The Capone Era: 1920s Gangster History

The 1920s gangster is one of the most popular and enigmatic figures of the Jazz Age. 

The 1920s was a decade of individuals making their mark in a rapidly changing modern world, and the bootlegging and organized crime that was done in the twenties has contributed largely to the myths and legends of New York and Chicago.

The romance of the gangster and the gangster lifestyle lives on today in movies and books that tell the lurid tales of life outside the law, the gangster code of ethics, and the way life is when you learn the lessons of the street rather than the lessons of the classroom.

Al Capone Ruled Over ChicagoAl Capone Ruled Over Chicago

The romance grows thin when you really examine the actions of organized crime syndicates in the 1920s through today.

You have to admit that these guys are not the kind of friends you want to invite over for a spot of tea.

But the rich 1920s gangster history of their influence on the culture of music and fashion in the Roaring Twenties, lives on because of the gangster's personality and the romance of a life outside the constrains of mainstream society. 

The Rise of Scarface: Capone Goes to Chicago 

Everything changed in 1919:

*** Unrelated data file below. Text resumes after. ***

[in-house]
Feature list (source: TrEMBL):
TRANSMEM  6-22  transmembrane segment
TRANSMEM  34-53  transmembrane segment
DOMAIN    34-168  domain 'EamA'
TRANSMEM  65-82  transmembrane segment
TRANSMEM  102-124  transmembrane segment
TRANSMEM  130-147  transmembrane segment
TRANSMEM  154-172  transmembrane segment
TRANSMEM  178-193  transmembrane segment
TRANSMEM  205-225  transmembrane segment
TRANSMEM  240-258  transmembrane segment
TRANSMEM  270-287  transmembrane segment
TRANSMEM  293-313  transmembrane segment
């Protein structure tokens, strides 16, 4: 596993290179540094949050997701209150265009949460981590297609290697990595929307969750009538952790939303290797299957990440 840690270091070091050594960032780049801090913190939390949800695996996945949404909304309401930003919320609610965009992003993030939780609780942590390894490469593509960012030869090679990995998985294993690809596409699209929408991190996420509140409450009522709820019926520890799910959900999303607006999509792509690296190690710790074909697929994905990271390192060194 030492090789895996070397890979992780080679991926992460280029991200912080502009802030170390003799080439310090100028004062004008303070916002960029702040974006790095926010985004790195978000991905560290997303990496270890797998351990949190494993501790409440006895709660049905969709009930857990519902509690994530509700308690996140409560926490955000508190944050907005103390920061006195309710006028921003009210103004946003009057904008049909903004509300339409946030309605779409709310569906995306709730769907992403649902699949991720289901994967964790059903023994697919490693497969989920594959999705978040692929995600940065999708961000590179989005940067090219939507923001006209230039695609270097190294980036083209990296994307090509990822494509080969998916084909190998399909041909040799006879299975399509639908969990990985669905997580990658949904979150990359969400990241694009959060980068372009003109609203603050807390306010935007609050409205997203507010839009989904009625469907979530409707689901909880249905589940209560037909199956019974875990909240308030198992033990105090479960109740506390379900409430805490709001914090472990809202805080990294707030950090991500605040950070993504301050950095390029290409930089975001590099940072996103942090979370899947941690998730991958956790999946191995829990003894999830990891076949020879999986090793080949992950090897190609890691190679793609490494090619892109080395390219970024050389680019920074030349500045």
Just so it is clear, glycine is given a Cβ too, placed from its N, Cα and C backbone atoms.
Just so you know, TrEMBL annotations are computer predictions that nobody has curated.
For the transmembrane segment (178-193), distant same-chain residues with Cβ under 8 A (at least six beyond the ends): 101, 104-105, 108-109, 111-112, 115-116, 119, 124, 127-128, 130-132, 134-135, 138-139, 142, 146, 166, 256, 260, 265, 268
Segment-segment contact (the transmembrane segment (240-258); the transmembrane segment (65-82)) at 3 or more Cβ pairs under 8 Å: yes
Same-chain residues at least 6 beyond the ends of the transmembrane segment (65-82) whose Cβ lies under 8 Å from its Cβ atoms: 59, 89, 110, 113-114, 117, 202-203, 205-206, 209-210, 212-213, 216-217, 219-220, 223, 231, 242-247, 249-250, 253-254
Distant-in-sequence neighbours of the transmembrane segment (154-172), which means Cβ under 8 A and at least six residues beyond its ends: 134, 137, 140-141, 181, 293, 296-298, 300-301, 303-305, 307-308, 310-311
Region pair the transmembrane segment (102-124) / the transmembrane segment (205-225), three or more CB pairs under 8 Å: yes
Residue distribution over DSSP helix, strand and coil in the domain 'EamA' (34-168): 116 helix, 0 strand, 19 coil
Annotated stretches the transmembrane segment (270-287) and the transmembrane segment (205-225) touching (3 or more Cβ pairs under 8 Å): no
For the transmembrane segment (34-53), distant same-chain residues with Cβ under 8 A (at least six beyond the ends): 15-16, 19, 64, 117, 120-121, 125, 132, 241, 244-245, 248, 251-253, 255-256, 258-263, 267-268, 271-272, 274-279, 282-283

The Public Enemy - Starring James Cagney (1931)The Public Enemy - Starring James Cagney (1931)

The "Black" Sox scandal rocked the world of baseball and professional sports, and sent shockwaves through the underworld of organized crime. This really showed how far criminals would and could go to make money in America.

The 19th amendment: Women really started asserting themselves in America. The suffrage movement had been successful and women received the vote. Flapper fashion was running rampant throughout the western world. Women smoked and drank like the men. 

The 18th Amendment: Prohibition was ratified, outlawing the manufacture, sale, or transportation of intoxicating liquor in America. The passage of prohibition did more for the rise of the gangster during the 1920's than anything else. It made alcohol a rare and prized possession, and gave the criminals more than a decades worth of work.

The seeming harmless move of a brash Italian thug from Brooklyn to Chicago. 

That young thug, of course, was Al Capone.

A year after received the scar on his face when he was slashed by another young hood, Capone was transferred by Frankie Yale to the care of Johnny Torrio in Chicago.

Torrio was an up and coming criminal in "Big" Jim Colosimo's Chicago organization.

After his move it didn't take Capone's flower long to bloom in the fertile soil of the Chicago underworld. 

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